New Zealand writer Harley Hern has been named the regional winner for the Pacific in the 2019 Commonwealth Short Story Prize, for her story ‘Screaming’.
Hern’s story, about two friends who confront deceit, identity and endings during a visit to a New Zealand care home, was chosen from a shortlist that also included New Zealand writer Maria Samuela and Australian Emma Ashmere.
Four other women were announced as winners in the other regions: Zambian writer Mbozi Haimbe’s ‘Madam’s Sister’ won for Africa; Malaysian writer Saras Manickam’s ‘My Mother Pattu’ won for Asia; Cypriot writer Constantia Soteriou’s ‘Death Customs’ won for Canada and Europe; and Bahamian writer Alexia Tolas’s ‘Granma’s Porch’ won for the Caribbean.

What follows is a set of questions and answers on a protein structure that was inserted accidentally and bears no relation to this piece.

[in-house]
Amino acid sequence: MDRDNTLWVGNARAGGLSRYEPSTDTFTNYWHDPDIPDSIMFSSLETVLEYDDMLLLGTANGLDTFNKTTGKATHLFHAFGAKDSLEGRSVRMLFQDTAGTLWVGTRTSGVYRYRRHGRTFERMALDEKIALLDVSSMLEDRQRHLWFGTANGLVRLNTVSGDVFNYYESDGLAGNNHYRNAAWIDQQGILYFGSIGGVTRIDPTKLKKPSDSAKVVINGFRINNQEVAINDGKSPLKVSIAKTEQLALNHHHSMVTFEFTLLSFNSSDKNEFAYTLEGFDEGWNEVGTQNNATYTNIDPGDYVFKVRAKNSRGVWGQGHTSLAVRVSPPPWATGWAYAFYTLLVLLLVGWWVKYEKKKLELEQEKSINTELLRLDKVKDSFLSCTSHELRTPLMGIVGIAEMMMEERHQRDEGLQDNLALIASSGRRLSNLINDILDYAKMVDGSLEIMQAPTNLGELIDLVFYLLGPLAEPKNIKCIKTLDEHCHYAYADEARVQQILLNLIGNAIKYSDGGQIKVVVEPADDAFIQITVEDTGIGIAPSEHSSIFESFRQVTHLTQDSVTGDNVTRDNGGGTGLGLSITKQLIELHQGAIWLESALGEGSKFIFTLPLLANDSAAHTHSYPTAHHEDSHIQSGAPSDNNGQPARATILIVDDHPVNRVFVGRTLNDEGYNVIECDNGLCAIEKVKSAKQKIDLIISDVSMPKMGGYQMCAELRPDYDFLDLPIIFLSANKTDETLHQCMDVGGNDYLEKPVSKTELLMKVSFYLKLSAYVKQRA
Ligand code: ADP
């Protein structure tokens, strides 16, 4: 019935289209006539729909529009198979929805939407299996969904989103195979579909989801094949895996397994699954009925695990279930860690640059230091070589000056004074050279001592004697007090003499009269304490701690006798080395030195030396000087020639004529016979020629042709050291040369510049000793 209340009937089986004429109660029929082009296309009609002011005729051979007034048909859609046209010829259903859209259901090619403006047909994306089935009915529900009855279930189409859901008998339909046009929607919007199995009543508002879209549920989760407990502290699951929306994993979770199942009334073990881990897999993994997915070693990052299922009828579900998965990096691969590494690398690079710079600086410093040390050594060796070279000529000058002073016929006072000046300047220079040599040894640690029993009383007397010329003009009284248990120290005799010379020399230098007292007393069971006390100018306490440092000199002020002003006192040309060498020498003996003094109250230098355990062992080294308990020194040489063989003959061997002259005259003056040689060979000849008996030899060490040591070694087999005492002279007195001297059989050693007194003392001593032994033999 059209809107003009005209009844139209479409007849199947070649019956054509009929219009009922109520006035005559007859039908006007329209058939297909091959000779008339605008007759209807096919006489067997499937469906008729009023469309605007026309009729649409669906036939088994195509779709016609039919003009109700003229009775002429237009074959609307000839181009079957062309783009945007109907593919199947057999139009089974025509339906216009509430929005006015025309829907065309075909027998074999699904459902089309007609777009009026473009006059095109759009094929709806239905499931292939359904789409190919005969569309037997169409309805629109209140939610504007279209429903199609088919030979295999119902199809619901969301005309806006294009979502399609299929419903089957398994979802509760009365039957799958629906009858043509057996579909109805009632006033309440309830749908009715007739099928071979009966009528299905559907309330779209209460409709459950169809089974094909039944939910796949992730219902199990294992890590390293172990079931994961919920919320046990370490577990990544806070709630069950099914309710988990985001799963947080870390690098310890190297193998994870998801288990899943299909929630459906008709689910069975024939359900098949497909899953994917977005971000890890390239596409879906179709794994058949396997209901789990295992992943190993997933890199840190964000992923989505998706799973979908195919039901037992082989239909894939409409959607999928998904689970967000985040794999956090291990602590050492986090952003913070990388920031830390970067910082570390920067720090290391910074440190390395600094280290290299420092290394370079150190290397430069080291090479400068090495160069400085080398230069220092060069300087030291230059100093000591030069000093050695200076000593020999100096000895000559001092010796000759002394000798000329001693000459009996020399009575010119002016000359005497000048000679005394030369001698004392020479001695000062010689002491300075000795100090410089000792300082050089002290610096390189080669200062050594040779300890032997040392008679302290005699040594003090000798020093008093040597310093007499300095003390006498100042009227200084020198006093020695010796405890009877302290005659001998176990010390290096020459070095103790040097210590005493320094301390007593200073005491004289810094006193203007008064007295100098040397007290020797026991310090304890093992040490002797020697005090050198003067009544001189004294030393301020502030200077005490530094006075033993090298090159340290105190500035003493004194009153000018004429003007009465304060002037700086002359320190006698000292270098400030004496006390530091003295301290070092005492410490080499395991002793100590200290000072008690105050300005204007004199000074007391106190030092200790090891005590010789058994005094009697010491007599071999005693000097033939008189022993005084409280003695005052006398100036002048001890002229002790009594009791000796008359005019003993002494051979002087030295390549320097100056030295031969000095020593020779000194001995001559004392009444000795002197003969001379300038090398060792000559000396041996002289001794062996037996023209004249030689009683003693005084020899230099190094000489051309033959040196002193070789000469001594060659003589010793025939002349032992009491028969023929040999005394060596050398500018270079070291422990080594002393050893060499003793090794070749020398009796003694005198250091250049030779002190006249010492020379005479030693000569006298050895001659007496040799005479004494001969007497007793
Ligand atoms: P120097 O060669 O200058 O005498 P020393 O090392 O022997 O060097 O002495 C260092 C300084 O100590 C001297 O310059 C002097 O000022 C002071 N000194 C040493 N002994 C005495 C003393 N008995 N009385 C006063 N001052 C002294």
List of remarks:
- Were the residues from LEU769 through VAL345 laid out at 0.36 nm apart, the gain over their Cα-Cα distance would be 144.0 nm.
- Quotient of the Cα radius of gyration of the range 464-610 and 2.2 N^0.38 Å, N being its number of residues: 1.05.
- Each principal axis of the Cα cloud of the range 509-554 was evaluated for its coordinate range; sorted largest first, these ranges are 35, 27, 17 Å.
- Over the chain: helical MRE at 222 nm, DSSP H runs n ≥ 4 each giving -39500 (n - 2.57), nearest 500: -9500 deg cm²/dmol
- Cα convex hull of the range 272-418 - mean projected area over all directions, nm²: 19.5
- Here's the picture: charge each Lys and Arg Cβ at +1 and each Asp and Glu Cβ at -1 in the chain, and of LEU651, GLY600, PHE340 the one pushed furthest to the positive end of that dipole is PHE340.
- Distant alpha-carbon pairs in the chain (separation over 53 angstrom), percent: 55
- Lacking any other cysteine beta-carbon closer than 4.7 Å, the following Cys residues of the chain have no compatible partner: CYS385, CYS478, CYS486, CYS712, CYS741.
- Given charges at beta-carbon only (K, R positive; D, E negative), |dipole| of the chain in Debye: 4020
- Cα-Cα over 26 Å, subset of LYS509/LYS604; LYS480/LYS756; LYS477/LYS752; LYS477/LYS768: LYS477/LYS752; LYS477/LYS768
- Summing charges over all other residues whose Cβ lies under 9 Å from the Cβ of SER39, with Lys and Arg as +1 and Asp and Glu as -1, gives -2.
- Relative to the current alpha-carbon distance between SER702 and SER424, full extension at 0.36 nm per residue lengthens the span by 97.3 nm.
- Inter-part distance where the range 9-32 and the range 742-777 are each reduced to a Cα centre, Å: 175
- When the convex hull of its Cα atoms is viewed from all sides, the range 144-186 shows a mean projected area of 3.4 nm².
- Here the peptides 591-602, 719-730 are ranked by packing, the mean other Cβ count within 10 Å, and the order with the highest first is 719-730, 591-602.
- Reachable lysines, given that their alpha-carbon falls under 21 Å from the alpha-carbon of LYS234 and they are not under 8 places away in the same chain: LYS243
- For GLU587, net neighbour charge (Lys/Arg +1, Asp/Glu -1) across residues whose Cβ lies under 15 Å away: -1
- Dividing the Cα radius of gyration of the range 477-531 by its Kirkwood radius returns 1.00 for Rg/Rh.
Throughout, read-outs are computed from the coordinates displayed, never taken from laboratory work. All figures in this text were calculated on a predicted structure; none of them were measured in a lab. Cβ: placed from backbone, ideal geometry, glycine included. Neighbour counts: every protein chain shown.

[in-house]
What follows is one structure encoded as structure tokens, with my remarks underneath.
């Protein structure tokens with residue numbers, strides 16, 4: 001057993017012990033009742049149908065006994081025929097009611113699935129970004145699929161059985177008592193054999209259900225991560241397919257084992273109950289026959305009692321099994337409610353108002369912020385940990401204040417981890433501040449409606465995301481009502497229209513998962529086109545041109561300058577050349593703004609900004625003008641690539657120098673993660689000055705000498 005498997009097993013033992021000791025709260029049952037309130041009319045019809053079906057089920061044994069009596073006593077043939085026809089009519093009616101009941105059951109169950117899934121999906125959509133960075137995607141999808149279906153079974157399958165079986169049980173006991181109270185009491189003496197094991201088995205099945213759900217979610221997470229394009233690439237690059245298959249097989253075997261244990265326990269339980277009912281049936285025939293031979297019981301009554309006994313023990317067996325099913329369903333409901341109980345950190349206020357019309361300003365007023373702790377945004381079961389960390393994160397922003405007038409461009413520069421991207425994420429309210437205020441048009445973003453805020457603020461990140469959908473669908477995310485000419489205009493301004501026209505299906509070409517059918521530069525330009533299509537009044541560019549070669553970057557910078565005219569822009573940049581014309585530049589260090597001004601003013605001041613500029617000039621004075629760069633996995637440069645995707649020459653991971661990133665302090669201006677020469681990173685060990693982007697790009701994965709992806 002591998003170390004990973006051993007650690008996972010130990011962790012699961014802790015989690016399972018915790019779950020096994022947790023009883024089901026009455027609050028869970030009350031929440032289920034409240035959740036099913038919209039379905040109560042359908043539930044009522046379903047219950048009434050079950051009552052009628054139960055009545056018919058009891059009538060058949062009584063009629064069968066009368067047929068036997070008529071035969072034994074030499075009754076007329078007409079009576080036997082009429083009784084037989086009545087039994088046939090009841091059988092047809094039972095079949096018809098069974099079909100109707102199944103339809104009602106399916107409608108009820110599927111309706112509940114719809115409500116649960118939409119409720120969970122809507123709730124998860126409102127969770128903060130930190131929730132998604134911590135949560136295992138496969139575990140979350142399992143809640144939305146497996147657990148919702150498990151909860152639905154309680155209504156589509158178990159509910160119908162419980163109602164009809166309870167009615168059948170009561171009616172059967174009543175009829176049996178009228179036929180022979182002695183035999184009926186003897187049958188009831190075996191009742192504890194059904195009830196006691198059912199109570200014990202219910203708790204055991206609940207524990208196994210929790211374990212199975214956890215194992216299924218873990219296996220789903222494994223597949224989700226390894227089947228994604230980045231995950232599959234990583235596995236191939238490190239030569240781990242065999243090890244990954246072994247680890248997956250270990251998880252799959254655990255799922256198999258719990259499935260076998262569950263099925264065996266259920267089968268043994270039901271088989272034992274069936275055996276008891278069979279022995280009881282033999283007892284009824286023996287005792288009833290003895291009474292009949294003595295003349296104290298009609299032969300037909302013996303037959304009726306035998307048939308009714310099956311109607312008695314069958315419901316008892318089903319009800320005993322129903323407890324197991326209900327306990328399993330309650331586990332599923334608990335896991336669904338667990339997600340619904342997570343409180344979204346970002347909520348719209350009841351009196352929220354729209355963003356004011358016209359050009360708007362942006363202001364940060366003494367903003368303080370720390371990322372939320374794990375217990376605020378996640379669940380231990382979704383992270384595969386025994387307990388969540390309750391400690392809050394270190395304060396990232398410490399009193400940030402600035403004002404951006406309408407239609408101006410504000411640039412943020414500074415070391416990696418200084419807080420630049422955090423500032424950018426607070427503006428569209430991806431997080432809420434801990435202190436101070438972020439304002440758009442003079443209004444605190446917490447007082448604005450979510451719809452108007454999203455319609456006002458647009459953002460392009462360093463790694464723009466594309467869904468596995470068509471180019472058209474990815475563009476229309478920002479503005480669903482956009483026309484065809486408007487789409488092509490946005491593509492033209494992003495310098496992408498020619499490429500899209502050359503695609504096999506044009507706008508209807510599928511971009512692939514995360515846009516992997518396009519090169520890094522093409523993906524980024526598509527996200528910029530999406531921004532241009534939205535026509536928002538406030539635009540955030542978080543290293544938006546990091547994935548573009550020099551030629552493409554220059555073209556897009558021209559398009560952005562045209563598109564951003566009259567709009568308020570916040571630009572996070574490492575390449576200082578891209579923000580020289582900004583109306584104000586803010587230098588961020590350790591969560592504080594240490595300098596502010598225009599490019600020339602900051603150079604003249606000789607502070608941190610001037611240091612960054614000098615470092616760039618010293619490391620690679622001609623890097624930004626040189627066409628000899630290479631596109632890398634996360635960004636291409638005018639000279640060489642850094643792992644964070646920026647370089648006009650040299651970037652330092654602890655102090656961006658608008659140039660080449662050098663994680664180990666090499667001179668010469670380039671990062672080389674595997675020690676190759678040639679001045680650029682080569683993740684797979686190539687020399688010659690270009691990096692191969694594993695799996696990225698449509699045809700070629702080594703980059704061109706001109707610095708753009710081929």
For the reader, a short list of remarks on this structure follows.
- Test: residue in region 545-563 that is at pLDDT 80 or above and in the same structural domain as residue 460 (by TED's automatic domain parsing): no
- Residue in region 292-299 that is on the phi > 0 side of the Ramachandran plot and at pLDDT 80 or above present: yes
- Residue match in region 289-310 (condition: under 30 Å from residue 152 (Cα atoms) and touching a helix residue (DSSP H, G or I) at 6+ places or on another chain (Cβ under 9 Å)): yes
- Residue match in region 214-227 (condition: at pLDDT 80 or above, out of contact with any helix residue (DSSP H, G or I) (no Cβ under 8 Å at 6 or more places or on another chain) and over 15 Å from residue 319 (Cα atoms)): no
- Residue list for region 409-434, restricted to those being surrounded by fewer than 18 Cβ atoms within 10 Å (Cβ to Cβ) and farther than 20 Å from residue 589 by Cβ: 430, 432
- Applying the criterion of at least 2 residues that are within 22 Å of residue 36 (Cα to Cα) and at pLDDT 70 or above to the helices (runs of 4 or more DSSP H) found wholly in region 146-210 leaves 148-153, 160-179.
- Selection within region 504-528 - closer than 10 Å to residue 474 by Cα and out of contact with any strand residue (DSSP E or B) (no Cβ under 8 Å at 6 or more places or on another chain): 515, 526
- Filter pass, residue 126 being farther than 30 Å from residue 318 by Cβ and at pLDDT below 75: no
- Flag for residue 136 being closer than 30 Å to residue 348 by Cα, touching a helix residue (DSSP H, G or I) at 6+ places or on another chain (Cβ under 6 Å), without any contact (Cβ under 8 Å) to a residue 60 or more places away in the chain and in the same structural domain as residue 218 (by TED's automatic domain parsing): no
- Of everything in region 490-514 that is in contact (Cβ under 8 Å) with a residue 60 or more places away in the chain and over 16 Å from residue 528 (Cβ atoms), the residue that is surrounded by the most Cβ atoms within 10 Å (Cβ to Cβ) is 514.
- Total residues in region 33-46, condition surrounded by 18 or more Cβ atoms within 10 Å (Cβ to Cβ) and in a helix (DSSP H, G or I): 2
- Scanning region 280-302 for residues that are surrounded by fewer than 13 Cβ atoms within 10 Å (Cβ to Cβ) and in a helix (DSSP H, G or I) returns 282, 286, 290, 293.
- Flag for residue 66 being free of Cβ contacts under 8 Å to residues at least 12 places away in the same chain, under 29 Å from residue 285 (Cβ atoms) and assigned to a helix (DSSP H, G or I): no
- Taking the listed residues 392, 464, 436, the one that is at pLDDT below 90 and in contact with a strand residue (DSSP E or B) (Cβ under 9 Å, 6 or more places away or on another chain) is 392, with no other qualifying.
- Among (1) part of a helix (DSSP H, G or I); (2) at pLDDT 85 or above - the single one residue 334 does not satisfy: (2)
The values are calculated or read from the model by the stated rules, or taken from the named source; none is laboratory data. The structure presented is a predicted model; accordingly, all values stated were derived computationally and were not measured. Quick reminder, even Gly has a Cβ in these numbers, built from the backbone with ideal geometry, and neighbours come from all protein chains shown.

Held annually to find the best short piece of unpublished fiction, the prize selects a winner each from five Commonwealth areas who all have a chance of securing the main award. This year’s international judging panel, chaired by novelist Caryl Phllips, chose five stories from a 21-strong shortlist following 5,081 submissions.
Phillips said: “The regional winners of the Commonwealth Short Story Prize explore a remarkably diverse range of subject-matter, including stories about war, love, abuse and neglect. What unites the stories is a common thread of narrative excellence and dramatic intensity. The voices of a truly global cast of characters enable us to engage with, and recognise, universal emotions of pain and loss.”
Each story will now be published online before the overall winner is announced on 9th July and published in Granta.